Wednesday, 21 September 2016

Carers Australia: Evidenced-based and intensive support approaches to avoiding long-term welfare dependence have merit

Released 20 September 2016:

Carers Australia can see merit in the Government’s announcement of the Try, Test and Learn Fund to explore interventions which may help people at risk of long term dependence on income support, including young carers, to break the cycle.

However, this should not come at the expense of a reduction in necessary income support for any carer and those they care for while the trial is underway and before benefits are realised.

Carers Australia CEO, Ara Cresswell, said, “Young carers have been correctly identified as some of those most at risk of welfare dependence throughout their lives. They are more susceptible than other young people to the problems of workforce accessibility given the nature of their caring role.

“It is crucial, however, that any programs geared towards securing better life outcomes for young carers do not do so at the expense of those supports currently relied upon simply to maintain a means of living. It is also important to understand that many young carers face a range of complex challenges which impact on their capacity to engage in education and employment and these must be addressed under any program to support them into work.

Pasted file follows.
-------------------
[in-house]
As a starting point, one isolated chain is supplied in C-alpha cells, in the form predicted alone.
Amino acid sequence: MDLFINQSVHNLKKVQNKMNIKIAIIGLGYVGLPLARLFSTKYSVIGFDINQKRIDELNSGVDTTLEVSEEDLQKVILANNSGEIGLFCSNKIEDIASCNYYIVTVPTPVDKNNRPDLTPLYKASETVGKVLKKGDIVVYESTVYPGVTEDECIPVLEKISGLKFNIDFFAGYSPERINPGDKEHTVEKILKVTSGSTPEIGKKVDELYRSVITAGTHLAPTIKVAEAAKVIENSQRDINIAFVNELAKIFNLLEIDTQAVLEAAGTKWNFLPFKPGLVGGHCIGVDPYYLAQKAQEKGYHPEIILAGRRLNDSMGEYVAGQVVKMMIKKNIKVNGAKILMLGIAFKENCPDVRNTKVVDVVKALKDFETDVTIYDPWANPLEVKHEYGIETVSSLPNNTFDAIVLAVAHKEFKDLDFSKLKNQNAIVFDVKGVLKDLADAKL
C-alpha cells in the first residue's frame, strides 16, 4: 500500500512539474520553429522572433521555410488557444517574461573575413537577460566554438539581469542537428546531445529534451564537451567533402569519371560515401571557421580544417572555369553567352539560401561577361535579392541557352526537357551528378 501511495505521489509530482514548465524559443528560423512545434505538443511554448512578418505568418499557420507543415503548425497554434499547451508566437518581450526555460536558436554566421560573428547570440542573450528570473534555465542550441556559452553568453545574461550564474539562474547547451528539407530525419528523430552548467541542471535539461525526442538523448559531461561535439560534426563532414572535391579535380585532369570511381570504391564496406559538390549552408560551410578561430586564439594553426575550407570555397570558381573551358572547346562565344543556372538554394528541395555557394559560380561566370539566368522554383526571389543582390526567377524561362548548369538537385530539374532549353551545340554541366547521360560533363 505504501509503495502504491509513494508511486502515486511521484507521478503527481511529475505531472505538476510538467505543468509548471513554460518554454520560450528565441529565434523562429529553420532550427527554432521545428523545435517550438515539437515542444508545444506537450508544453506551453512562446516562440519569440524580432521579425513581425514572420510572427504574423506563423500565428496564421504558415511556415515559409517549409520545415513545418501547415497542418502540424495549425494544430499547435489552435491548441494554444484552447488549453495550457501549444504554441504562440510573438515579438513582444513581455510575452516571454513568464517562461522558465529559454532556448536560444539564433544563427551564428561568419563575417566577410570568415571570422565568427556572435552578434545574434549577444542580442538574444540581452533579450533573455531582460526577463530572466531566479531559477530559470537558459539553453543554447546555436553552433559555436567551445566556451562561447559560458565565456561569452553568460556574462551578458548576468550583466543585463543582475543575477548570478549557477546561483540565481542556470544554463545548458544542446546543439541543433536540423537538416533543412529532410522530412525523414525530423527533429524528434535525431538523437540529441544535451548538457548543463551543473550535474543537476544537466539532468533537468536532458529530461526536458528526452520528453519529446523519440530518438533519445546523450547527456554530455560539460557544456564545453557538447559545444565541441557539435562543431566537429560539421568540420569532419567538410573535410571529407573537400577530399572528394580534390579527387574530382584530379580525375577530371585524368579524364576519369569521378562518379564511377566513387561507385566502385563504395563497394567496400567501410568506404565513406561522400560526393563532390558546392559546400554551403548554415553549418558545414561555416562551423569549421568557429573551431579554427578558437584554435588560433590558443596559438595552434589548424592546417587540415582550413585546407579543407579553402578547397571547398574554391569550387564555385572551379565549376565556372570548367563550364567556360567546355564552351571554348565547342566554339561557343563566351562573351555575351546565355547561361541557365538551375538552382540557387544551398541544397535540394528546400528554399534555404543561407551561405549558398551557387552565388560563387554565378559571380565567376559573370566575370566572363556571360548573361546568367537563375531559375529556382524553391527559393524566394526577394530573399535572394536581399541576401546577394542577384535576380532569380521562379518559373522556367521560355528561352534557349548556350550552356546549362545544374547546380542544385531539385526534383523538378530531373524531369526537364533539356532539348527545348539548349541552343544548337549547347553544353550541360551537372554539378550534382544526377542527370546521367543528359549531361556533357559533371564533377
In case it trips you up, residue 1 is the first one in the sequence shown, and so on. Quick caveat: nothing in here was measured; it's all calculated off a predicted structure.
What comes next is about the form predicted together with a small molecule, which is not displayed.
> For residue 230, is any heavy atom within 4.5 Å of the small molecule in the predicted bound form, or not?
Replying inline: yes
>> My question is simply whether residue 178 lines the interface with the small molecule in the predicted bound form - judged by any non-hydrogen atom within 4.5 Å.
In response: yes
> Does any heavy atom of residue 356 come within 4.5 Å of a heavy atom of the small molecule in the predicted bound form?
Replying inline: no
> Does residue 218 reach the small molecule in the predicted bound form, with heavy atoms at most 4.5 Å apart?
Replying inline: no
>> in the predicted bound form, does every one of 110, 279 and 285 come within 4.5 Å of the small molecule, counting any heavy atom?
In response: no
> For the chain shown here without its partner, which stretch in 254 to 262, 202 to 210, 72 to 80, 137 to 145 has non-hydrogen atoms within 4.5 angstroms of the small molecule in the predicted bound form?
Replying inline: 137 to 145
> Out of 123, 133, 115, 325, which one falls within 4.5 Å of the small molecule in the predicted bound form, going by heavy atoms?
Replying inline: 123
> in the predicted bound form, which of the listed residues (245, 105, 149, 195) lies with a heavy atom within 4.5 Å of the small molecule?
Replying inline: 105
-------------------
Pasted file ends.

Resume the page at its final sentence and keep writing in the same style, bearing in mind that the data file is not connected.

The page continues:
“Young carers often experience extreme social isolation, financial hardship and high levels of emotional stress due to caring responsibilities way beyond those expected of other young people their age. An intensive program of support will be required to address all these disadvantages and replacement care will need to be provided to those they care for if the trial is to work.

“It is very important that the employment outcomes for young carers and other groups engaged in the trial must be sustainable and monitored over the long term. Fixed term budget savings from a reduction in welfare benefits in and of itself are not a good indicator of the success of the social investment approach.

“In 2012 there were 306,000 young carers under the age of 25 in Australia, 23,200 of whom provided the majority of care in the household. Of these, in March 2016 there were 9,623 receiving the Carer Payment and Carer Allowance and an additional 2,197 receiving the Carer Allowance only.”

Media reports:

Coalition to reveal plan to tackle welfare dependence across generations
katherine Murphy, The Guardian, 20 September 2016

A New 'Investment Approach' To Breaking The Welfare Cycle
Karen Barlow, Huffington Post, 20 September 2016

Young carers fear being depicted as a burden on society, Carers NSW says,
Emily Bourke, PM (ABC Radio), 20 September 2016

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